Engineering Open House 2012

Uploaded by Illinois1867 on 23.03.2012

Hi. I’m Caroline Pahl at the Engineering Open House, and we’re here to learn some
So this is our Engineering Open House exhibit. This is with the Society of Women Engineers
and the Illinois Fire Service Institute. So we built some dorm imitations, basically.
So the idea is to show the public the difference that a sprinkler can make; and, it’s not
just geared to students. It’s also you know, the University recently spent 20 million dollars
putting sprinklers in all the Residence Halls. And so it’s showing that the University
is keeping us safe and what people can do even in their homes. This is fire safety engineering
and I guess the chemical engineering aspect of it is, “So, what makes materials flammable?”
And it’s the breaking up of the carbon-carbon bonds in the materials. So fires these days
are actually a lot worse than they used to be, because cotton is a more natural material:
it’s not quite as flammable. But a lot of the foams that we use in coach cushions now
are petroleum-based, so they light on fire really quickly. I think people have gotten
a lot out of it. Obviously it’s a lot of fun to watch it burn, but I have also had
a lot of people tell me, “Wow, I didn’t know sprinklers made that big of a difference.”
So there’s definitely a learning element to it.
So we have a whole bunch of things with liquid nitrogen, where we freeze them and we teach,
I guess, the public and kids mostly. I think my favorite is the banana, where we try and
nail a nail into a piece of wood with a banana as a hammer, and it squishes all over the
place. But then we freeze it, and it acts as a hammer. We can actually nail it to the
board. Usually we do grade school assemblies, so we’re up on a stage or in a gymnasium,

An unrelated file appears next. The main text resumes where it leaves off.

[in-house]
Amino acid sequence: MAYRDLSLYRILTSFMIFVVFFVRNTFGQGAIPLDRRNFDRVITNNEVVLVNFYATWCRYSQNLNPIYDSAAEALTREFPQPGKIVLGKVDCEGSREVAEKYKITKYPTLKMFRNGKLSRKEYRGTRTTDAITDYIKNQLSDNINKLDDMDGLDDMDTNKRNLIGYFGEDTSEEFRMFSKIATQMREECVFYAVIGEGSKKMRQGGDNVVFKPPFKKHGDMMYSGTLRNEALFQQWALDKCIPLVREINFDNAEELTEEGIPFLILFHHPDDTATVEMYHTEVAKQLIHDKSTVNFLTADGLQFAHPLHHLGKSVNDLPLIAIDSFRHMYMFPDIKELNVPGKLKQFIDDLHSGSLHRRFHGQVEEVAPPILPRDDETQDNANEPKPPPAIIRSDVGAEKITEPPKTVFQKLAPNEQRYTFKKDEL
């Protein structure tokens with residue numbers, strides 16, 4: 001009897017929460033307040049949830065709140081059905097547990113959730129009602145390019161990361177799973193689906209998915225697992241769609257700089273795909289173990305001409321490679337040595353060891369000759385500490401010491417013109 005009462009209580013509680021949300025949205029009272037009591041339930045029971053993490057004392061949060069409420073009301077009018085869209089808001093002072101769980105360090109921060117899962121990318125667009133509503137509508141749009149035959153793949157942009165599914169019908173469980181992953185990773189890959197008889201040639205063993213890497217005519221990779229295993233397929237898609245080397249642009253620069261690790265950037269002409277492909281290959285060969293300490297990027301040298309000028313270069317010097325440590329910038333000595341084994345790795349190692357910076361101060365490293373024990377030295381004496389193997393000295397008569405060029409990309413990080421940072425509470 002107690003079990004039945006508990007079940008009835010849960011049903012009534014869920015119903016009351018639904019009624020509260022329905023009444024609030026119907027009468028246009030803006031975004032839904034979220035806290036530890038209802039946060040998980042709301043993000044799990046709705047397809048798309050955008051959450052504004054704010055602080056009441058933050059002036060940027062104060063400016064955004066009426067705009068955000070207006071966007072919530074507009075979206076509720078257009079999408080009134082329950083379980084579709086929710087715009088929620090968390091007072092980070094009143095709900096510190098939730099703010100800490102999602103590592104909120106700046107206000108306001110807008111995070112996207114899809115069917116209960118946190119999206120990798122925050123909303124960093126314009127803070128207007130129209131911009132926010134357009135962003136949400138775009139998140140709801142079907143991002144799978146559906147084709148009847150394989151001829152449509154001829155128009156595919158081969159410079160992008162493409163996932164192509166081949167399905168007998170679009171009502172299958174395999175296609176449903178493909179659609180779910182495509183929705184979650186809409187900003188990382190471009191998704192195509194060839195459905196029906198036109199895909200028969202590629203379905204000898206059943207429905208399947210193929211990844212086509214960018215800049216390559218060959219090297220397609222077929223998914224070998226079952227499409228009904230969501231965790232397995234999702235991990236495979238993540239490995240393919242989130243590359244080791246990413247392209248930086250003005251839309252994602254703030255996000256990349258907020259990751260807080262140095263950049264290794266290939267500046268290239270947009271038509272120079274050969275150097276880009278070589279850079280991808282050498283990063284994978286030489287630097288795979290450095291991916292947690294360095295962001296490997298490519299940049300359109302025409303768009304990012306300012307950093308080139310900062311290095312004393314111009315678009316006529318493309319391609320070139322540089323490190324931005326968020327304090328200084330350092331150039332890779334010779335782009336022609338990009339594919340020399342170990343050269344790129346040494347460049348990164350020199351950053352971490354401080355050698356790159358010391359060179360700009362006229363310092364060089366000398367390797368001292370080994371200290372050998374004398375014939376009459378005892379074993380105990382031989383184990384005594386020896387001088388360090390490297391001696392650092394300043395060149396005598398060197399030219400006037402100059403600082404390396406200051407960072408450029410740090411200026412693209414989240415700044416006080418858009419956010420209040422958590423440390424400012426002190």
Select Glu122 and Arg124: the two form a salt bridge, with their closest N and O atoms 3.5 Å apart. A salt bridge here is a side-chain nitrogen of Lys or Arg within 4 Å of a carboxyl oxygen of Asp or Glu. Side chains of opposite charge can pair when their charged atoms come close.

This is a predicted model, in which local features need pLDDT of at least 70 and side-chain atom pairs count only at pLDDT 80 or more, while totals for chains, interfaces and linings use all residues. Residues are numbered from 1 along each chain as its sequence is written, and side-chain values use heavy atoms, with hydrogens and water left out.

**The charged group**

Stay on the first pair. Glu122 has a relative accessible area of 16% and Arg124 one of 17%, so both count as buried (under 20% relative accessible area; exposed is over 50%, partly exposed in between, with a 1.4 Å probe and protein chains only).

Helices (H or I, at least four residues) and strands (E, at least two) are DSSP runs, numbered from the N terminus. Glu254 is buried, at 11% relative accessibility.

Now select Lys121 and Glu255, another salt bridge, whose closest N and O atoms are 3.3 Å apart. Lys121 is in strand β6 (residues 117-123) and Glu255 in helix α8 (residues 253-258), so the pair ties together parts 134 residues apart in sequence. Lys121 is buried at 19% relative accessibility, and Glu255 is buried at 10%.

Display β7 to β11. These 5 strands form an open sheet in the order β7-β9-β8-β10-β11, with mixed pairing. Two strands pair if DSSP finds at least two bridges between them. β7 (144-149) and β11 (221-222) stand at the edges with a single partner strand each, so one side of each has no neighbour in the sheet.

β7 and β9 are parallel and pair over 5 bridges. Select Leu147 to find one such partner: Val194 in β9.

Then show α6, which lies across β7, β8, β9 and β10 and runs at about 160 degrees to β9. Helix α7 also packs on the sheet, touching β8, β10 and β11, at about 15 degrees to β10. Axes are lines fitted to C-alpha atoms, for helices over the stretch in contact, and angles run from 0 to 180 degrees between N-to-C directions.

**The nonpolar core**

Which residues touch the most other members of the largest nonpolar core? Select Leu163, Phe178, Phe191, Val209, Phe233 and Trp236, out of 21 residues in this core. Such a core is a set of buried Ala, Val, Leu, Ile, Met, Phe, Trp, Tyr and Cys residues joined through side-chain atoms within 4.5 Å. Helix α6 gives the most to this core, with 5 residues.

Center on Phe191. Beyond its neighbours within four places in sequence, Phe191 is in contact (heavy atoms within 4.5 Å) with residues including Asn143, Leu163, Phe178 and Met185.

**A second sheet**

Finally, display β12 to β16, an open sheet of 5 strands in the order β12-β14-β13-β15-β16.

and everyone is sitting and watching us. But this is interesting because it’s more interactive,
where people come right up to the table, and they ask questions. You get that personal
science talk and it’s just a lot of fun- I like it.
Alright David, tell us about what we have here…
Alright so we have two rockets and we’re doing rocket races for E-O-H. And basically
there are two rockets that string up between the bridges on the Bardeen Quad and the two
rockets just race each other.
5, 4, 3, 2, 1…
Well this is about microbrewing. And it’s really interesting that you can make your
own beer at home and it’s very simple. All you have to do is boil grain, and it releases
a lot of sugars and enzymes. Then to add flavor to that we use hops. But then after that we
want to cool it as fast as we can to room temperature. So what we do is we use this
heat exchanger. It’s a very simple thing we bought from Lowe’s. You just stick this
into the boiling pot of water, pour water in and then steam actually comes out. And
we try to bring it to room temperature as quick as possible to prevent enzyme breakdown.
We’re really happy with how we’re able to just make something of our own, and it’s
exciting, and it’s something that we can carry on into our careers after college.
Right now we have a magnetic field coming out of these coils that we’ve got, and we’re
floating aluminum frying pans. And so what’s happening is we’ve got a lot of coils in
here which generate a magnetic field, and it’s kind of like pushing up over here and
pulling down. As well as levitating, it’s actually getting really warm. This thing is
acting like a resistor, and it’s getting hot like your heater is. And so we’re actually
making some rice crispy treats.
This is an example of a Non-Newtonian fluid: it’s Oobleck. It’s a corn-starch mixture.
It’s actually a suspension in water. And if you have a really quick force on it, like
if you punch it, it will go solid, but if you let it flow it will act kind of like water
does or like a goop. There are actually a lot of current-day applications. They’re
working on a ballistic proof vest, so like bullet proof vests for police officers, and
like safety jobs where you’d need to avoid puncturing or avoid impact, because it’s
very good at spreading out force.
What’s been most popular for us today is the lemon batteries. So in a lemon battery,
if you stick a penny-which is coated in copper- in one side of the lemon and a galvanized
nail- which is coated in zinc- in the other side of the lemon, you can produce a voltage
and a current. And we did the calculations, and it takes about 240,000 lemon batteries
to be equivalent to one Duracell AA battery. We’ve been here since 8:30 in the morning
making lemon batteries and we can finally make something happen with it.
Well I’ve learned a lot today at Engineering Open House, and I hope you did too. See you
next time.
(Tesla Coil Concert: Zelda Theme)